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Mixed reports over release of Attin

Published: 
Wednesday, December 1, 2010

A medical report prepared on the mental capacity of killer Chuck Attin showed he was remorseful and wanted to positively contribute to society. According to psychiatric consultant Dr Hazel Othello, the prisoner has enrolled in educational and vocational activities to do this.

His report added: “Chuck Attin does not suffer from a mental disorder at this time and he has not suffered from a mental disorder in the past.“He offended at a young age and has stated he now wants an opportunity to make a positive contribution to society.” Attin, who was then 16 years old, and co-accused Noel Seepersad were convicted on February 7, 1997 of the murders of housewives Candace Scott and Karen Sa Gomes. Attin is now 32.

In a petition at the Port-of-Spain First Criminal Court, led by attorneys Keith Scotland and Daniel Khan, seeking to have him returned to society, Othello’s report forms the backbone of the application for his release.In his submissions before Justice Anthony Carmona yesterday, Scotland quoted extracts of the report to bolster the application.

Based on Othello’s findings, he said, Attin displayed no “personality disorder” and was openly remorseful about his previous criminal behaviour.But a bio-social report, prepared by Prisons Welfare Officer I Deopersad Ramoutar, and quoted by Scotland, stated Attin had not learnt the skills necessary to gain employment.

“As far as I have discovered, he has not acquired sufficient employable and life skills to be the best candidate for early release,” Ramoutar said.He noted, however, that the prison did not have the necessary programmes available for reintegration.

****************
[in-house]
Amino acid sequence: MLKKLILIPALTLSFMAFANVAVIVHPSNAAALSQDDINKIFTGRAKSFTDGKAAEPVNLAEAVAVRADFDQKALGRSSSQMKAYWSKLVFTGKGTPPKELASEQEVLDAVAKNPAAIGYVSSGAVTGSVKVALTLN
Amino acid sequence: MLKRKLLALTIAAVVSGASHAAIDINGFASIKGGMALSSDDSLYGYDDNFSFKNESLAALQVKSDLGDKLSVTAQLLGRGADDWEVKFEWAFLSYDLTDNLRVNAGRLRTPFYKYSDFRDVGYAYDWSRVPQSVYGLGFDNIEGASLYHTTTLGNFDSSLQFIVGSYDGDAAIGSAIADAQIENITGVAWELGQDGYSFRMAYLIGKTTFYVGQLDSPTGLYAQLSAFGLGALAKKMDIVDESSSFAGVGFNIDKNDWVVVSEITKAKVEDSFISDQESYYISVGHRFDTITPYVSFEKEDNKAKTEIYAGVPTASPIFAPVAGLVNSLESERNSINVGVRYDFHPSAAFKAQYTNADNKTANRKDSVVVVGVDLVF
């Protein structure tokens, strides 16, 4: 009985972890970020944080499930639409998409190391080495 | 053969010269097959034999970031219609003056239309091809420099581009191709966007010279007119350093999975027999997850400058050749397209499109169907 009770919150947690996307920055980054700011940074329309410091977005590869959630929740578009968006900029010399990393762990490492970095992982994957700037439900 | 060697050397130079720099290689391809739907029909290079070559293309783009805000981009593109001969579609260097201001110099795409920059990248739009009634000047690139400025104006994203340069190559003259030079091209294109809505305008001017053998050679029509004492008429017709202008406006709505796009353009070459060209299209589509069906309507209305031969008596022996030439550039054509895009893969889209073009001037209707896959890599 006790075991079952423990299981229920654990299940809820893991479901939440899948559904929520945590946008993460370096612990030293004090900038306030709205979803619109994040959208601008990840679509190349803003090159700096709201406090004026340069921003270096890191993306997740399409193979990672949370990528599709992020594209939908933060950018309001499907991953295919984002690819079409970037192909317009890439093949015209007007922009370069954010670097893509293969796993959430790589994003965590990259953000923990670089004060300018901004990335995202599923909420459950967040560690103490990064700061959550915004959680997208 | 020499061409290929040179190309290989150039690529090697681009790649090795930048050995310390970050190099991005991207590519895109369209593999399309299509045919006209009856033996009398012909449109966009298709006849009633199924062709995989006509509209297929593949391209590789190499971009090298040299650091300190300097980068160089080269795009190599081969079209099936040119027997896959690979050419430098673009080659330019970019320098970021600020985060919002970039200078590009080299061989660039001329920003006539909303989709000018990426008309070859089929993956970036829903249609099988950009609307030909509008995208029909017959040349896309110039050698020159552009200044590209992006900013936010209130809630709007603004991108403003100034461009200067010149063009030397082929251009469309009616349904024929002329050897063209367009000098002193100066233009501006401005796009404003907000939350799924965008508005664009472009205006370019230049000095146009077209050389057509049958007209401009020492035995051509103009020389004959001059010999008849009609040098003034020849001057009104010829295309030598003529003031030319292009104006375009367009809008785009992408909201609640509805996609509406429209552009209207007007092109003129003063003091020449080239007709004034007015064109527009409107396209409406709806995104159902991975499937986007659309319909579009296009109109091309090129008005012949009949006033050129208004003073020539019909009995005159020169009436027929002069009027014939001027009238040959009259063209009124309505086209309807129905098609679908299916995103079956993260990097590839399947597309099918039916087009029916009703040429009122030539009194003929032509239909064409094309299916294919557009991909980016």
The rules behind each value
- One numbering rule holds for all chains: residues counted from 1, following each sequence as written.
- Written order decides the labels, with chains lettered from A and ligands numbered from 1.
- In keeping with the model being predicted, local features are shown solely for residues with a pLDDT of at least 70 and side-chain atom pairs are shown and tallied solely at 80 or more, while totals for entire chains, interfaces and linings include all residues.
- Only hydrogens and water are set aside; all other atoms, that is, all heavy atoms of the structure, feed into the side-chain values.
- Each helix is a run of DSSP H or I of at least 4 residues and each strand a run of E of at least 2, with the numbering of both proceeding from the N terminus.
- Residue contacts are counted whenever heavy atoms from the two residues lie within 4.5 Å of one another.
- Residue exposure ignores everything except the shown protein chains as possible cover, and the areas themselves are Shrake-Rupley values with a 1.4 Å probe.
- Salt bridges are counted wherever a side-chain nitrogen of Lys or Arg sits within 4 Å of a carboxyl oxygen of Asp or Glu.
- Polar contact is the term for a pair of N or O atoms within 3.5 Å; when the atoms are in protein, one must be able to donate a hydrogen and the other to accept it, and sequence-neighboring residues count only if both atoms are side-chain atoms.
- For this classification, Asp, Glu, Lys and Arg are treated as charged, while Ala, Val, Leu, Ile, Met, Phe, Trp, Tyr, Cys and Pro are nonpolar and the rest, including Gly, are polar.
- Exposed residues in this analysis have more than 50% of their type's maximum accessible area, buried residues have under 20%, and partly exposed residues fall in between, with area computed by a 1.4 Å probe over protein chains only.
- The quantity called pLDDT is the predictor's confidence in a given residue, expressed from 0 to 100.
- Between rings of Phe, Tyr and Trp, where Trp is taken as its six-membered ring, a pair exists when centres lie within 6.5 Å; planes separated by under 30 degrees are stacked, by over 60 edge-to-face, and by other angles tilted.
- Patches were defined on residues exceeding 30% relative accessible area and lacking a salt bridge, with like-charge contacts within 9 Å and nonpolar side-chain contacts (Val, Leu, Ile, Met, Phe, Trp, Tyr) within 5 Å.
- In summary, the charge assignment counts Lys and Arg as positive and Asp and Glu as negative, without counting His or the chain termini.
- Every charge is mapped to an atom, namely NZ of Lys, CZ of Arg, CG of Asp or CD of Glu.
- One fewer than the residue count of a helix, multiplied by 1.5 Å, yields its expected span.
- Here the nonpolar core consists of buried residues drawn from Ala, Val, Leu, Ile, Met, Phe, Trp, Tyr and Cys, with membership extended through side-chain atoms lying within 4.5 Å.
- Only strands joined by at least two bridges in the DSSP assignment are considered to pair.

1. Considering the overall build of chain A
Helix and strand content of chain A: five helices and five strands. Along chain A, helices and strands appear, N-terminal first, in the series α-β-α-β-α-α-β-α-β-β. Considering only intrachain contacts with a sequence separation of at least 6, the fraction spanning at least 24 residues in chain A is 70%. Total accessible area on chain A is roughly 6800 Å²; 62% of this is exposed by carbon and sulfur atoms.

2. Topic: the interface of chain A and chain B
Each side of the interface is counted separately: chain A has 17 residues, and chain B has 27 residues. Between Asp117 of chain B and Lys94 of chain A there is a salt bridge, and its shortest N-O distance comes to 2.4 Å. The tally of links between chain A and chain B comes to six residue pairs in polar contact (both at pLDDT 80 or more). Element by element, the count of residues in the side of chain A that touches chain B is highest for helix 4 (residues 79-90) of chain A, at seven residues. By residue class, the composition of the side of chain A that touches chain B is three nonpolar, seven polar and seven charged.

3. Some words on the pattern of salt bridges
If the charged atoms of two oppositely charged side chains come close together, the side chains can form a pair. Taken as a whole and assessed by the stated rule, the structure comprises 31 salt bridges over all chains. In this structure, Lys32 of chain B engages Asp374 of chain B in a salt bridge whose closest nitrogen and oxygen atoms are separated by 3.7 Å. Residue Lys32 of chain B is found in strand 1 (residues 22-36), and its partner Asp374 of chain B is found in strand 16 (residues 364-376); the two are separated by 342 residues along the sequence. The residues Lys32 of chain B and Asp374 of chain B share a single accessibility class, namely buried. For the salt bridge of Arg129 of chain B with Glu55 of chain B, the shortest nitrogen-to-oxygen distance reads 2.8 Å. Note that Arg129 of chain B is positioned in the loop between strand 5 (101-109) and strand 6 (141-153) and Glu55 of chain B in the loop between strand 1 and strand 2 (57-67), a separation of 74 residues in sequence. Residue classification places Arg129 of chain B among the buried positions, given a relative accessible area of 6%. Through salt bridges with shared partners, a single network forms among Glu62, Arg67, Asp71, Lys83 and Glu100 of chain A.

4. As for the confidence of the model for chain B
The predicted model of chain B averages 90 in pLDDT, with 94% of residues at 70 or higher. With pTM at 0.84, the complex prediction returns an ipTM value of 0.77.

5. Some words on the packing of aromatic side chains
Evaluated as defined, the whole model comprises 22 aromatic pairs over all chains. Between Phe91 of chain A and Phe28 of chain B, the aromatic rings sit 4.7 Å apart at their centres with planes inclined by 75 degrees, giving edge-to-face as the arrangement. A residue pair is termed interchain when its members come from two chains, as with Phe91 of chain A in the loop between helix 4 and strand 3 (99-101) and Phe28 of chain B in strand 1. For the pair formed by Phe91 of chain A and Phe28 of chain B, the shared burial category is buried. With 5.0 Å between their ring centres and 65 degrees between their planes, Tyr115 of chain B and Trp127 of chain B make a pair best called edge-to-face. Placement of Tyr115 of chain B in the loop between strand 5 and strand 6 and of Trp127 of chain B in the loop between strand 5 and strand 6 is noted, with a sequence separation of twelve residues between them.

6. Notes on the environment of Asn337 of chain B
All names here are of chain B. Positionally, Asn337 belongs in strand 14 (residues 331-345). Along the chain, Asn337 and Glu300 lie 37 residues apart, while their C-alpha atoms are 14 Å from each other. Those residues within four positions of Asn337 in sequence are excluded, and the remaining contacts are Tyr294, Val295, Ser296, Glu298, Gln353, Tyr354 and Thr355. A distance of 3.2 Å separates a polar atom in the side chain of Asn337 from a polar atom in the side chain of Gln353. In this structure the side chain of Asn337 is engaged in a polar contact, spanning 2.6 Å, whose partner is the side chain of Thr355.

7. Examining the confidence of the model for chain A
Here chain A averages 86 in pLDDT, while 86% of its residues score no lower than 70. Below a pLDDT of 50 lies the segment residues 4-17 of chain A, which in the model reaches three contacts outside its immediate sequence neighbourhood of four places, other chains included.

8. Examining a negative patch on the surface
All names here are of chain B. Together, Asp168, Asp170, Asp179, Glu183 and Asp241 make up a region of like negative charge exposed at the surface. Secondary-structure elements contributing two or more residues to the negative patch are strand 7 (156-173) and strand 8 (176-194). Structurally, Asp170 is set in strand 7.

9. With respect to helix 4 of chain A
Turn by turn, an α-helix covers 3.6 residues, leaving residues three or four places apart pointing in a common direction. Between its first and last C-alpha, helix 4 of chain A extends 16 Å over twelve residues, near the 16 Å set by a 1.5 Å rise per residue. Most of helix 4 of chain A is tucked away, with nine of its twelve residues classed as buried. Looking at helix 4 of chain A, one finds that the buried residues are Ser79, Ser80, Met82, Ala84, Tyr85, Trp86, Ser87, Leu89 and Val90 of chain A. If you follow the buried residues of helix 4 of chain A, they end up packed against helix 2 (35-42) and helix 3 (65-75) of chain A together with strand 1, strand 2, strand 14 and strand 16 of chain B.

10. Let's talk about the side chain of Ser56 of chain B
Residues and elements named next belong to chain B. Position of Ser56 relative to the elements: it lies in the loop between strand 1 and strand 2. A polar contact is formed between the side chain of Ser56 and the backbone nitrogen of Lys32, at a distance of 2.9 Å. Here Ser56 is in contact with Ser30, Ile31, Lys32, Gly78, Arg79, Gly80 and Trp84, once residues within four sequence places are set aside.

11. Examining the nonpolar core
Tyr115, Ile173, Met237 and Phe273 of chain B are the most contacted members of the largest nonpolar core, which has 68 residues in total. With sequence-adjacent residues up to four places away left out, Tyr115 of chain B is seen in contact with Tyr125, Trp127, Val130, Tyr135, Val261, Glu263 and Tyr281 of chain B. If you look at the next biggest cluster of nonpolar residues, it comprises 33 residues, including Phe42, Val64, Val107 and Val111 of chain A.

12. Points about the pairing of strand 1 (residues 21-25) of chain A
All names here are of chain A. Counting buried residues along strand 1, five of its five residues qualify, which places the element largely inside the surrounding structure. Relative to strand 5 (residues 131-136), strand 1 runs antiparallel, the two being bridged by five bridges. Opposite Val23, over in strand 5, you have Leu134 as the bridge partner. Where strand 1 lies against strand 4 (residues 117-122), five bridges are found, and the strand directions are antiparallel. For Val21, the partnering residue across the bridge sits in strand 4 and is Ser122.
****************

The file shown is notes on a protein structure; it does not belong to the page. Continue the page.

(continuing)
Also, a social report prepared by Prisons Welfare Officer II Hayden Walcott stated despite being remorseful, he was “devoid of effective cognitive skills” to adequately deal with the challenges of life in the wider society.

The hearing was adjourned to December 7 when full oral submissions would be heard. George Busby appears for the prosecution.

A medical report prepared on the mental capacity of killer Chuck Attin showed he was remorseful and wanted to positively contribute to society.According to psychiatric consultant Dr Hazel Othello, the prisoner has enrolled in educational and vocational activities to do this.His report added: “Chuck Attin does not suffer from a mental disorder at this time and he has not suffered from a mental disorder in the past.

“He offended at a young age and has stated he now wants an opportunity to make a positive contribution to society.” Attin, who was then 16 years old, and co-accused Noel Seepersad were convicted on February 7, 1997 of the murders of housewives Candace Scott and Karen Sa Gomes. Attin is now 32.In a petition at the Port-of-Spain First Criminal Court, led by attorneys Keith Scotland and Daniel Khan, seeking to have him returned to society, Othello’s report forms the backbone of the application for his release.

In his submissions before Justice Anthony Carmona yesterday, Scotland quoted extracts of the report to bolster the application. Based on Othello’s findings, he said, Attin displayed no “personality disorder” and was openly remorseful about his previous criminal behaviour.But a bio-social report, prepared by Prisons Welfare Officer I Deopersad Ramoutar, and quoted by Scotland, stated Attin had not learnt the skills necessary to gain employment.

“As far as I have discovered, he has not acquired sufficient employable and life skills to be the best candidate for early release,” Ramoutar said.He noted, however, that the prison did not have the necessary programmes available for reintegration.Also, a social report prepared by Prisons Welfare Officer II Hayden Walcott stated despite being remorseful, he was “devoid of effective cognitive skills” to adequately deal with the challenges of life in the wider society.The hearing was adjourned to December 7 when full oral submissions would be heard. George Busby appears for the prosecution.

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